Line #14 is where we issue command to MetaThread instance to get some MetaDataResponse for us. Be sure to provide your own source id. They are unique for each Zoomdata server instance. You can get source id value by doing GET REST call to http://localhost:8080/zoomdata/service/sources. Just find needed source and copy its ‘sourceId’ value.

After this line is executed, you will see the following in the in web socket: Meta Message in Websocket

The message in green is an outgoing message to the server. MetaThread automatically generated full MetaDataRequest messages based only on the source id provided in requestMetaDataForSourceId call.

metaThread.requestMetaDataForSourceId resolves promise with the instance of MetaDataResponse class. This instance has a special API to help you get the data you need.

Now let’s add the function which calls our async initMetaThread function:

const initApp = async () => {
  const meta = await initMetaThread();
  console.log('Received meta data for source: ', meta);
};

Save JavaScript code as app.js.

Create index.html to run this JavaScript:

<html>
    <head>
        <title>Zoomdata Meta Service</title>
        <script src="http://developer.zoomdata.com/zoomdata-2.6/sdk/zoomdata-client.js"></script>
        <script src="./app.js"></script>
    </head>
    <body>
    </body>
</html>

Pay attention to line #5: it must point to the correct bundle of Zoomdata SDK. You can refer to our docs: https://www.zoomdata.com/docs/2.6/getting-started-with-the-sdk.html. Or you can install Zoomdata SDK from npm: https://www.npmjs.com/package/zoomdata-client.

Use any static server and open a localhost in a browser window. I use https://www.npmjs.com/package/serve:

$ serve ./ -p 3001

This runs static HTTP server.

Now open Chrome and go to http://localhost:3001

You should see a similar message in the console: Metadata Response

This means our JavaScript code initialized the SDK, opened a web socket connection, and asked MetaThread about metadata for specific source.

Now stop the debugger on line #20 and refresh the page. Then call:

metaData.getAllAggregations();

A similar list will be printed in your console: Metadata Get All Aggregations

There are just three types of Aggregations in Zoomdata — Time, Terms and Histogram. They are all very specific but share some common methods.

For example, you can get list of all names suitable for Aggregation collection:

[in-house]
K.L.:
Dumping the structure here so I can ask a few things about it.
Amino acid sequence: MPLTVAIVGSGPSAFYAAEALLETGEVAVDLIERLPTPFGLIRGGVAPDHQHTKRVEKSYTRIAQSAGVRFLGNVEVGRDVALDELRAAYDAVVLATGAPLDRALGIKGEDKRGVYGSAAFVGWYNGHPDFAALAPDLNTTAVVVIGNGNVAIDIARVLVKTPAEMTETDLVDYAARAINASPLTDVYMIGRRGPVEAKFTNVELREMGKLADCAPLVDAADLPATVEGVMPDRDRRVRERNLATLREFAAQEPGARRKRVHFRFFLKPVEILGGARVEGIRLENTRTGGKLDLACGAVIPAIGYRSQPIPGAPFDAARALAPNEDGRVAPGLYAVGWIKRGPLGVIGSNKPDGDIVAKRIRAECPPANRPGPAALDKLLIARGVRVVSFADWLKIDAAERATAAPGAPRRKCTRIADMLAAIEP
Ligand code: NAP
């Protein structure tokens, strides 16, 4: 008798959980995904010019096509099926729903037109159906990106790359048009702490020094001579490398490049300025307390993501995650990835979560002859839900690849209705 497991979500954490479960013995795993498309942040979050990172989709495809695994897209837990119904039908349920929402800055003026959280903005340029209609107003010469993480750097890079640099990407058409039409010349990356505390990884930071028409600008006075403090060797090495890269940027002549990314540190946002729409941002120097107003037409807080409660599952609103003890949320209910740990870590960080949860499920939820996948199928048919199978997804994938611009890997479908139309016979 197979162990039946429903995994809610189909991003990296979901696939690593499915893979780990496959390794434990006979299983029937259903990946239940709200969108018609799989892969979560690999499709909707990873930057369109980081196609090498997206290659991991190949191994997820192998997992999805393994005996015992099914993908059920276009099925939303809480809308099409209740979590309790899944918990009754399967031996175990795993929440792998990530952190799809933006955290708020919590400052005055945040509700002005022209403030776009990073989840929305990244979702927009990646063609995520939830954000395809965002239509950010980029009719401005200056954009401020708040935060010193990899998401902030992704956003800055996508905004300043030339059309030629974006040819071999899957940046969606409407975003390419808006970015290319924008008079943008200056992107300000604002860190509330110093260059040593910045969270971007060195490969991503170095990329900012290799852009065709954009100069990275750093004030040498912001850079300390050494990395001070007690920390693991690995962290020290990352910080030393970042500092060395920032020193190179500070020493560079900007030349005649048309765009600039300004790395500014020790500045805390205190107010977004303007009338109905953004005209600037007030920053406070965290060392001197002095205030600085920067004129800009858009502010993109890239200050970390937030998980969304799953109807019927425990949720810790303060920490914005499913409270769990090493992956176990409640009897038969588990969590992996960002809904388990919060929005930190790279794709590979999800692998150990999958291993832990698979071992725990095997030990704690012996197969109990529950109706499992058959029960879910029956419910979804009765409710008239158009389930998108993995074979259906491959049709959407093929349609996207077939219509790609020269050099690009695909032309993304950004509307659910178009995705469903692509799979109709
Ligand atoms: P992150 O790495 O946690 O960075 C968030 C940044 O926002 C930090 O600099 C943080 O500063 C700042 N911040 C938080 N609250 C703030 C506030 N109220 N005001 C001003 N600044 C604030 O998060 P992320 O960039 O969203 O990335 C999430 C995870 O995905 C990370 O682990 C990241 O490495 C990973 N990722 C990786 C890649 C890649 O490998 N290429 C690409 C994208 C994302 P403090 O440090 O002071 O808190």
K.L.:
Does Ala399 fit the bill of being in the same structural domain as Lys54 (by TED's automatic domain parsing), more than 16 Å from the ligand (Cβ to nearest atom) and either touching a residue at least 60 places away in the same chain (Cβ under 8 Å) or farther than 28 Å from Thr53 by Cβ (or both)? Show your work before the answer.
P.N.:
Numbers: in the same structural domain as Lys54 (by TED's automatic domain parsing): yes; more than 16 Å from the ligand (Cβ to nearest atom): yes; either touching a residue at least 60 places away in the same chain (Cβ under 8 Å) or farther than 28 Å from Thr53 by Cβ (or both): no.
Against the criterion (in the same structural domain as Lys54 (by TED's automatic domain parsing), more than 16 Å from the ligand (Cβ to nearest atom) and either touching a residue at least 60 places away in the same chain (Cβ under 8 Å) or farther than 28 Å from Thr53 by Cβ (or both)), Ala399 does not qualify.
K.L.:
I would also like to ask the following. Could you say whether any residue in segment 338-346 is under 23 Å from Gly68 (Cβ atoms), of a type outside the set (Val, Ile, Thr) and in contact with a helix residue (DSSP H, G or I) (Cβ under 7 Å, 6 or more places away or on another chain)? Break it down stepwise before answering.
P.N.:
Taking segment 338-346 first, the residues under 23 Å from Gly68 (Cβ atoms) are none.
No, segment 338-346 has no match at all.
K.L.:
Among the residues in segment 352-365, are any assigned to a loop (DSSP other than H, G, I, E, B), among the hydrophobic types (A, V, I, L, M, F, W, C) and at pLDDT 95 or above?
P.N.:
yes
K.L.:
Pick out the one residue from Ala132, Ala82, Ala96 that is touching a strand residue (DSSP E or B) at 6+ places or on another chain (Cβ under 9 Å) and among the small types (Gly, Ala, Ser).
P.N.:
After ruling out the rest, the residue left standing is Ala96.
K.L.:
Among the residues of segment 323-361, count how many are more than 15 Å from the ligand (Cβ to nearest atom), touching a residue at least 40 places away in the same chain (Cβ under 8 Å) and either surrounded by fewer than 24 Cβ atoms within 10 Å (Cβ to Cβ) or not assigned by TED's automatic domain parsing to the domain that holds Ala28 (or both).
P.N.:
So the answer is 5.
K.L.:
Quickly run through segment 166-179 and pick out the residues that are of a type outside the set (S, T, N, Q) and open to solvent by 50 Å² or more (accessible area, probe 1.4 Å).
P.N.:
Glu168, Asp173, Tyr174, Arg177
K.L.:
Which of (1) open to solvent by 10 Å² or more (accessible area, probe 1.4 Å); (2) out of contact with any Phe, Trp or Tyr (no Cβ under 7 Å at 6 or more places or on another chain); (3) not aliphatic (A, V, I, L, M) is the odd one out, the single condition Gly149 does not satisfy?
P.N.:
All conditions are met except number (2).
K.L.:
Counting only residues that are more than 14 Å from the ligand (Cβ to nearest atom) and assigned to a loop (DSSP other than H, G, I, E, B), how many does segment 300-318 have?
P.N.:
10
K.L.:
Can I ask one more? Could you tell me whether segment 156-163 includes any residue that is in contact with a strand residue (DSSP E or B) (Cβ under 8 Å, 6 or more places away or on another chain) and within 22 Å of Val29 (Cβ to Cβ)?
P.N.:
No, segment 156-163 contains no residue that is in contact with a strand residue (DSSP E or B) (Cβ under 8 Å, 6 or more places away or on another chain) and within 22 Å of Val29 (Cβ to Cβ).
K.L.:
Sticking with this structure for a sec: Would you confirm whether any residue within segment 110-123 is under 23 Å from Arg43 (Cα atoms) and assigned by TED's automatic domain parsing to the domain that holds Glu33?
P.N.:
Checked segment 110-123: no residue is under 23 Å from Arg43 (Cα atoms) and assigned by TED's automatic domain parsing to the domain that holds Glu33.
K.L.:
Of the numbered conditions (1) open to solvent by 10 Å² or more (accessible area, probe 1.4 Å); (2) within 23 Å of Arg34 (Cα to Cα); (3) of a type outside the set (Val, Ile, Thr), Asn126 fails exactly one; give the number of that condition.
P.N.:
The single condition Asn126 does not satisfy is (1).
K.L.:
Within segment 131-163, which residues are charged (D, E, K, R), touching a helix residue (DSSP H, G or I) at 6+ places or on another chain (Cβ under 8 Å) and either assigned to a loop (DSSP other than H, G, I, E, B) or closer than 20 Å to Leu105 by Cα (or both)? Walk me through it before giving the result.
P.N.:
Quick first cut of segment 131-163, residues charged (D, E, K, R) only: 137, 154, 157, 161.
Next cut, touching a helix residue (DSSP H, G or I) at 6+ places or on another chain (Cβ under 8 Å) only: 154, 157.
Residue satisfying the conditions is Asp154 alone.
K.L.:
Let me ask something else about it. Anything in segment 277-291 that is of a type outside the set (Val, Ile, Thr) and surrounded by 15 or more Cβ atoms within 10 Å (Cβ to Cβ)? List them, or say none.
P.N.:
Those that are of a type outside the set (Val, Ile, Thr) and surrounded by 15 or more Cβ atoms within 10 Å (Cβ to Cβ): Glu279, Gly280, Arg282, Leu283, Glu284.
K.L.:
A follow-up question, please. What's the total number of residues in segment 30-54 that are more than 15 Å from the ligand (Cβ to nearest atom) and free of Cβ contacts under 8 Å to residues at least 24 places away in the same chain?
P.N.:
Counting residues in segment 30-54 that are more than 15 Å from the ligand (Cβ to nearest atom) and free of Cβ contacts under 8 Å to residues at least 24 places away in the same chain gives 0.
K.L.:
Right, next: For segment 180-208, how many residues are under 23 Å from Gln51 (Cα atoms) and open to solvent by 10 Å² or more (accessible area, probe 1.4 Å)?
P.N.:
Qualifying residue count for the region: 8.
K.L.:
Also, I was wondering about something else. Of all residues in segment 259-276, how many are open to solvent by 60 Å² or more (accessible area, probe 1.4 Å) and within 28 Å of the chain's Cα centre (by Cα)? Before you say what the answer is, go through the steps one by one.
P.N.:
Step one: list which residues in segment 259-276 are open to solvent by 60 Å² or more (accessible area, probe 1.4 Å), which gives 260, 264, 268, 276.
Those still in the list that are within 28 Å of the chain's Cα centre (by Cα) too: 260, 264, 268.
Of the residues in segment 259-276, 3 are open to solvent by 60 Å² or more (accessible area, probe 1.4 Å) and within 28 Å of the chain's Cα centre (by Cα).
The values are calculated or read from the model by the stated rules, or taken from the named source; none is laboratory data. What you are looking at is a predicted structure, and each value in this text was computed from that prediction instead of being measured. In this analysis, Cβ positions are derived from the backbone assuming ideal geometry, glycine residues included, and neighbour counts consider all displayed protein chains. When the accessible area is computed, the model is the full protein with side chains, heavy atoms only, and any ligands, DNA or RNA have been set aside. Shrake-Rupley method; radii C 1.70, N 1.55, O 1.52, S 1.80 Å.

metaData.getAllAggregations().map(aggregation => aggregation.getName());

Here we get all instances of aggregations, then map to get only their names:

[
  "_ts",
  "category",
  "county",
  "countycode",
  "group",
  "plannedsales",
  "price",
  "record_hour",
  "sku",
  "usercity",
  "usergender",
  "userincome",
  "usersentiment",
  "userstate",
  "zipcode"
]

Or you can get user-defined labels:

metaData.getAllAggregations().map(aggregation => aggregation.getLabel());

This will print:

[
  "Ts",
  "Category",
  "County",
  "Countycode",
  "Group",
  "Plannedsales",
  "Price",
  "Record Hour",
  "Sku",
  "Usercity",
  "Usergender",
  "Userincome",
  "Usersentiment",
  "Userstate",
  "Zipcode"
]

What about metrics?

metaData.getAllMetrics();

This will print a list of instances with different Metrics available for you. Metadata Get All Metrics

All of the instances have API to get metric names, labels:

metaData.getAllMetrics()[0].getLabel();

//"Countycode"

Let’s return to our task: getting all suitable aggregations for our query.

If we want to build a visualization of the Bars type (actually any visualization but not Histogram visualization), we have to provide only the attribute fields in aggregation collection. Using the new SDK, we can call another method:

metaData.getAttrAggregations();

Attribute aggregation is a set of Time and Terms aggregations.

This method will print only attribute aggregations: Metadata Get Attribute Aggregations

Compare this to

metaData.getAllAggregations();

which outputs 15 instances but now we have only 11. So 4 of them are not suitable to be set for attribute aggregation! (They are actually aggregations used for Histogram type visualizations).

You can refer to this UML diagram to get list of all available methods and how their instances connect to each others: UML Diagram

Class Diagram for MetaThread

Zoomdata SDK provides some TypeScript typings in SDK package from npm but not everything is exposed (yet). So if you use TypeScript in your application, then you can just:

import { IMetaAggregation } from 'zoomdata-client';

And the interface for IMetaAggregation is available for you.

Link to github repository with code: https://github.com/gladimdim/posts-zoomdata-sdk/tree/master/post_1